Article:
“Nothing ever goes as planned when traveling” was a wise word of advice from my dad before we split up in the Munich underground. He was not being pessimistic: he was telling me to expect things to go wrong and to be calm about it.
I tried my best to keep a cool head with this advice in mind. My travel plans had so many different variables, they were destined to be led astray. These are just a few setbacks that I experienced in the 12 hours I spent traveling from Germany to Switzerland:
→ Mixing up Hackerbrüke and Donnersbergerbrücke, thus getting off at the wrong subway station. Rushing back to the right place to board a bus from Munich to Zurich.
→ Miscommunicating the travel plans with Emily, who didn’t know to have a transfer from Zurich to Lucerne. Having to hustle at the train station to reserve a last-minute seat.
→ Booking our hotel room for the wrong date, which was absolutely nonrefundable.
If everything went as smoothly as planned, I wouldn’t have been so flustered when I was booking our room. I probably would not have messed up the date of our booking, and we wouldn’t have been forced to spend an extra day in Switzerland. The extra day ended up being a immensely rewarding experience. That’s the nature of traveling, you know. Nothing ever goes as planned. An unexpected change isn’t always an absolute disaster and can sometimes be an adventure, or at least a good story. I think that if I could give any traveller a single word of advice, it would be to take mishaps in stride.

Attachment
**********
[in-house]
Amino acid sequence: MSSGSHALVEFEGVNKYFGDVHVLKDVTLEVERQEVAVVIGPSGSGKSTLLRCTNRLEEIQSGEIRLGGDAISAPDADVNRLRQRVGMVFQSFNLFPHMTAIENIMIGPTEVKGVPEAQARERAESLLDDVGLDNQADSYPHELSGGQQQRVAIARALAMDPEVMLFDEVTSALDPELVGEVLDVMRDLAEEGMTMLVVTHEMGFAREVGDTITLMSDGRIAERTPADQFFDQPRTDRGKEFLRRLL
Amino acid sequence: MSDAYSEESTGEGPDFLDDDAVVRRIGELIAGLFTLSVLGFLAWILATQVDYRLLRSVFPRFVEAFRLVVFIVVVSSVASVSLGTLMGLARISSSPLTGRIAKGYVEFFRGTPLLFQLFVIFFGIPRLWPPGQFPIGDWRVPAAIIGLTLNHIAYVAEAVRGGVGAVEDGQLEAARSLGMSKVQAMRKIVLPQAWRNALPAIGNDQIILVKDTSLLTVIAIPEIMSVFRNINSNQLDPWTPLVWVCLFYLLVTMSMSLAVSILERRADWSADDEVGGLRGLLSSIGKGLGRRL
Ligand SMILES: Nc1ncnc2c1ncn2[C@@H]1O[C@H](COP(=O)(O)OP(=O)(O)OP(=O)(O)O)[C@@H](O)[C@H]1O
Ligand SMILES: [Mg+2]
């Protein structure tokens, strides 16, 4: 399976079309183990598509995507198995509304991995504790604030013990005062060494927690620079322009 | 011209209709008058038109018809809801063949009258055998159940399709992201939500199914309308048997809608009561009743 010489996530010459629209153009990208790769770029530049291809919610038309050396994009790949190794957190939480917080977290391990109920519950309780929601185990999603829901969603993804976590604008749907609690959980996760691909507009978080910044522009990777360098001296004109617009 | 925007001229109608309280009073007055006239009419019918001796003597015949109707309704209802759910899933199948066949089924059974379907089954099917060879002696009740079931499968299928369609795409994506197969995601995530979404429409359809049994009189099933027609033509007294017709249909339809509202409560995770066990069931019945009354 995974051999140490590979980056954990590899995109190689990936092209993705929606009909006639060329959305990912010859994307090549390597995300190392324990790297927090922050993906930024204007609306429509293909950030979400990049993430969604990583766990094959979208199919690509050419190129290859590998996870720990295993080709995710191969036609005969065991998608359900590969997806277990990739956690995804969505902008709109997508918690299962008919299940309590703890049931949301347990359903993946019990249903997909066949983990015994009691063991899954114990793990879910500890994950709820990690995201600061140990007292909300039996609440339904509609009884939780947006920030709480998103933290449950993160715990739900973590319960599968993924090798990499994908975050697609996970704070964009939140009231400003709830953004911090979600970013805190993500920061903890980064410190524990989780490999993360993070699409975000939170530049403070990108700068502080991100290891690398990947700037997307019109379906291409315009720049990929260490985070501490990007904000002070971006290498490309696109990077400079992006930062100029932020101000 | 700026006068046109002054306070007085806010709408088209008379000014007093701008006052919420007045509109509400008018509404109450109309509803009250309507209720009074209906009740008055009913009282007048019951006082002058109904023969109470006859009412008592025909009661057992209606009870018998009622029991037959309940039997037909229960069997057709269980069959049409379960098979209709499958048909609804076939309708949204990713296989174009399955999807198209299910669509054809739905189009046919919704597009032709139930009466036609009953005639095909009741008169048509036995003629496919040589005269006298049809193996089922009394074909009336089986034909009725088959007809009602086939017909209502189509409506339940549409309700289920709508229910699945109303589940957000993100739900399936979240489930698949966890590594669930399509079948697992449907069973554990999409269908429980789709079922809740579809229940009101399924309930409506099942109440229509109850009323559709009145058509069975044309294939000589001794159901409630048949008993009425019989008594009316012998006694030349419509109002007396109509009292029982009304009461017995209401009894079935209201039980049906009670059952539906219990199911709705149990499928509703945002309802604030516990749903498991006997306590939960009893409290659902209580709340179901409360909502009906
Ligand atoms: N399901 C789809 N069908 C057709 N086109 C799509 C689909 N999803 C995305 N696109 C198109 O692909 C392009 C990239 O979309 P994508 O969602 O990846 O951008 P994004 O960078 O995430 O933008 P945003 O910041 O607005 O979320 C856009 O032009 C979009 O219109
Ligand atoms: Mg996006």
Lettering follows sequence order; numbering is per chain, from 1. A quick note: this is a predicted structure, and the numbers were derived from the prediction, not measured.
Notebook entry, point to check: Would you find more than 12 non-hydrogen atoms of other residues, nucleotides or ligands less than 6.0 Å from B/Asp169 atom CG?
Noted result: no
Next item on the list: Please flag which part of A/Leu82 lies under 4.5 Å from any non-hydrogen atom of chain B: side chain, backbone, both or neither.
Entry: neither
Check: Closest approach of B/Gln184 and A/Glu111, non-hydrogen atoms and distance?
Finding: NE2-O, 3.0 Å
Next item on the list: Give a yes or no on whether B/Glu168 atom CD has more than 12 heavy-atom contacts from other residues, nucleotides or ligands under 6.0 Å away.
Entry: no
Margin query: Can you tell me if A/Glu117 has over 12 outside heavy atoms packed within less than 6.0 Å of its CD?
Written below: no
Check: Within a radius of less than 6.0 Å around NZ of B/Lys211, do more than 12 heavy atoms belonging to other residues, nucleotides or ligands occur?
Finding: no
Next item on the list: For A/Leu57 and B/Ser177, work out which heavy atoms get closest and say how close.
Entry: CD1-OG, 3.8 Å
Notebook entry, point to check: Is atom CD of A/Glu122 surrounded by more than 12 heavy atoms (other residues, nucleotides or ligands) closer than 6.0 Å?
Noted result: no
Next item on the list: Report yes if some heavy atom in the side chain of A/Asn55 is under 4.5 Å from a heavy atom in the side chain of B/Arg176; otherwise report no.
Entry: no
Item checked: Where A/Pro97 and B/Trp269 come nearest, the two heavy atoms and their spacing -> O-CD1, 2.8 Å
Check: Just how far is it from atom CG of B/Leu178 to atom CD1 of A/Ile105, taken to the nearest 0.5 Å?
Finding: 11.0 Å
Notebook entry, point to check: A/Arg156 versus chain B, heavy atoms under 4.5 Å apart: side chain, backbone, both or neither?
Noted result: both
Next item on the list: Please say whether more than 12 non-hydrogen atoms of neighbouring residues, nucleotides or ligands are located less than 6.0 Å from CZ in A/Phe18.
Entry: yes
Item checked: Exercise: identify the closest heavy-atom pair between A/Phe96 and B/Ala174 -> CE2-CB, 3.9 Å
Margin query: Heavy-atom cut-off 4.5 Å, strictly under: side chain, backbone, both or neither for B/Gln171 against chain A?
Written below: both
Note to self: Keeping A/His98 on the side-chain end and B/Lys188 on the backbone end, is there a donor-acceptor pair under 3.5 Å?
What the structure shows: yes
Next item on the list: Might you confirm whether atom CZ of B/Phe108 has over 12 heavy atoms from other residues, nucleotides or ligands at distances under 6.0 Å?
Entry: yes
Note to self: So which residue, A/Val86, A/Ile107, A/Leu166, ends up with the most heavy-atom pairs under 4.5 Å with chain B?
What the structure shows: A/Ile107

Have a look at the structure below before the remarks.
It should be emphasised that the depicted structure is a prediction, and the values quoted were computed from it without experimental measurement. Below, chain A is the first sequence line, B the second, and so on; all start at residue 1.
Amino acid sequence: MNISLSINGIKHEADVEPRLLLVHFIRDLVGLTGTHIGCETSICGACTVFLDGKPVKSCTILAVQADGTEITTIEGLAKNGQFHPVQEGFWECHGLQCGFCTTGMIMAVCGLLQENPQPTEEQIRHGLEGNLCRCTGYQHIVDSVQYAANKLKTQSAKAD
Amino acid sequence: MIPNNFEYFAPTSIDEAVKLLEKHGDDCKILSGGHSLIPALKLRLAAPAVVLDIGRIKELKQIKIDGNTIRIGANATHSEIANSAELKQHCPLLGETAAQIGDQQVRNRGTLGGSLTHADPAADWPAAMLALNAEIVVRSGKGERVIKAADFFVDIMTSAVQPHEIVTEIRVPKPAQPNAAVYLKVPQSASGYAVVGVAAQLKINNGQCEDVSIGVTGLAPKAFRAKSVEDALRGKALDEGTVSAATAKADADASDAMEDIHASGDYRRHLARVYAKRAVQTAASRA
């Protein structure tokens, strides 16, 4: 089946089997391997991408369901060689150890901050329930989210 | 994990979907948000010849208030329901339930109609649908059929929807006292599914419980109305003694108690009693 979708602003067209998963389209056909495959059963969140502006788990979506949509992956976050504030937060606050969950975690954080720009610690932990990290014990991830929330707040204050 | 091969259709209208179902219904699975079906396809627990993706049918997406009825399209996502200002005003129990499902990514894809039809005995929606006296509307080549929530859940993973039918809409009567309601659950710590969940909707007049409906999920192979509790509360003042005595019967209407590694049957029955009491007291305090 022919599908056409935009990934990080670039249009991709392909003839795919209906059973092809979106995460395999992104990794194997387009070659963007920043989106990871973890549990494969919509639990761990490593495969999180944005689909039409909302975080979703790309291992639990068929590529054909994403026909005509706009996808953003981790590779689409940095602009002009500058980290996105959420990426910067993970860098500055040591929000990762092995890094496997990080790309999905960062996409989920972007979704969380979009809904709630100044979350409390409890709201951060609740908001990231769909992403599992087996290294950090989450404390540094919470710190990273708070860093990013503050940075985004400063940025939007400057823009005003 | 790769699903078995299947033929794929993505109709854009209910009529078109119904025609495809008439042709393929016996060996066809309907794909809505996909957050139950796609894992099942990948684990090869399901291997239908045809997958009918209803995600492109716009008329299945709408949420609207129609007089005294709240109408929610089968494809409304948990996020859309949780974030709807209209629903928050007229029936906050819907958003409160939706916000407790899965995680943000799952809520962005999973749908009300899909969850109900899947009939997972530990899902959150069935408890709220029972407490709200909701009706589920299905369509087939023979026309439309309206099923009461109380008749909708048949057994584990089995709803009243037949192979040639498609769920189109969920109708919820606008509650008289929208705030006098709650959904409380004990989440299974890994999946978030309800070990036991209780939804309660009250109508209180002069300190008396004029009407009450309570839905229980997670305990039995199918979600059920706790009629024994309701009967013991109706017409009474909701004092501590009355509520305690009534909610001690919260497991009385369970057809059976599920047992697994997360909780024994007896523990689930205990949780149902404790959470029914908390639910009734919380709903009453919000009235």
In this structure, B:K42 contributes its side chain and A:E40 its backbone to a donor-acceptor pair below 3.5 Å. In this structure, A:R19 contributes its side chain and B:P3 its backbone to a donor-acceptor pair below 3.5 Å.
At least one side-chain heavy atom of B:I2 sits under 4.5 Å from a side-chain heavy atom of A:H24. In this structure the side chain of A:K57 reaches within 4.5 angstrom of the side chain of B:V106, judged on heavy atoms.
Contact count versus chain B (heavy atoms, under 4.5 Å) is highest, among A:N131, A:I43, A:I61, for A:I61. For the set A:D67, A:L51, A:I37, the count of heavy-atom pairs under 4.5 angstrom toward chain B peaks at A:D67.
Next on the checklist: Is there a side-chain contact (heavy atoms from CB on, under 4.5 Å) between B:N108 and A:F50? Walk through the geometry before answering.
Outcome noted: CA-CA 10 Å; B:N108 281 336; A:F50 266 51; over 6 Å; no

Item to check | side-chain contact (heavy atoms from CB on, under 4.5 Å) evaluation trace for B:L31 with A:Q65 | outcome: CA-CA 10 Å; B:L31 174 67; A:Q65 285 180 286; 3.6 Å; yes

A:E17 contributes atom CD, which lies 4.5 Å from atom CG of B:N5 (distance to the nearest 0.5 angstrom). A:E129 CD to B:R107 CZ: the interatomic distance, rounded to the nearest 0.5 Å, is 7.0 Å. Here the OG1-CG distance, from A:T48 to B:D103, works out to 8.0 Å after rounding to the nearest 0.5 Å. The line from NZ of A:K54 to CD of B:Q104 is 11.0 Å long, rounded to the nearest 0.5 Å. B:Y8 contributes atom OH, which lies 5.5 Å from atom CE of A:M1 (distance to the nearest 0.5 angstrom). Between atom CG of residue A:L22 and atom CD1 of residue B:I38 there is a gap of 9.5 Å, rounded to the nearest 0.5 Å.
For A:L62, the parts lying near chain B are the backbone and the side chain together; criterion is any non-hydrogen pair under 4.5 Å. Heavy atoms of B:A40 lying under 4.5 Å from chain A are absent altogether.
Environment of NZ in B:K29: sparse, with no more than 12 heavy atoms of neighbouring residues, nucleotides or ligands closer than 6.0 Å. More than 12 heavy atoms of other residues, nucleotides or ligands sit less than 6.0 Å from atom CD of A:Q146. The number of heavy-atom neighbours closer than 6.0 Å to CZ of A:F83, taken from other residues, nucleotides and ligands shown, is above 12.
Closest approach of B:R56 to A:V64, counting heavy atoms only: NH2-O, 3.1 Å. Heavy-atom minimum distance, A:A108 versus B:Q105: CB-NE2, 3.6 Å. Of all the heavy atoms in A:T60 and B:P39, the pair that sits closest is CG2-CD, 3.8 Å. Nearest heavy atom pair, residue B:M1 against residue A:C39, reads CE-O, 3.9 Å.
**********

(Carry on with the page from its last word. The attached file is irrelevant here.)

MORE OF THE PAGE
Switzerland was unbelievably foggy. I remember staring out the window as the train cut through the heavy air, amazed at how little I could see. I arrived in Lucerne on Halloween, which was not being celebrated. I saw a few women in witch costumes here and there, but I didn’t see any of the candy and decorations that I was missing back in the United States. On the first night, I walked around the city by myself. I browsed a gift shop and bought a Swiss army knife (because of course).
The central attraction in Lucerne is the Lion Monument. It is a massive sculpture – about 20 feet tall – in honor of the Swiss Guards who were massacred in 1792 during the French Revolution, when revolutionaries stormed the Tuileries Palace in Paris, France.
It broke my heart.
Lions are usually depicted as strong and fierce. This lion, however, is completely vulnerable. He has an arrow straight through his chest. His face is twisted into an expression of mortal pain and sadness. A single tear rolls down his cheek.
When Mark Twain visited the monument, he described it as the most mournful and moving stone in the world. He wrote:
“Around about are green trees and grass. The place is a sheltered, reposeful woodland nook, remote from noise and stir and confusion — and all this is fitting, for lions do die in such places, and not on granite pedestals in public squares fenced with fancy iron railings. The Lion of Lucerne would be impressive anywhere, but nowhere so impressive as where he is.”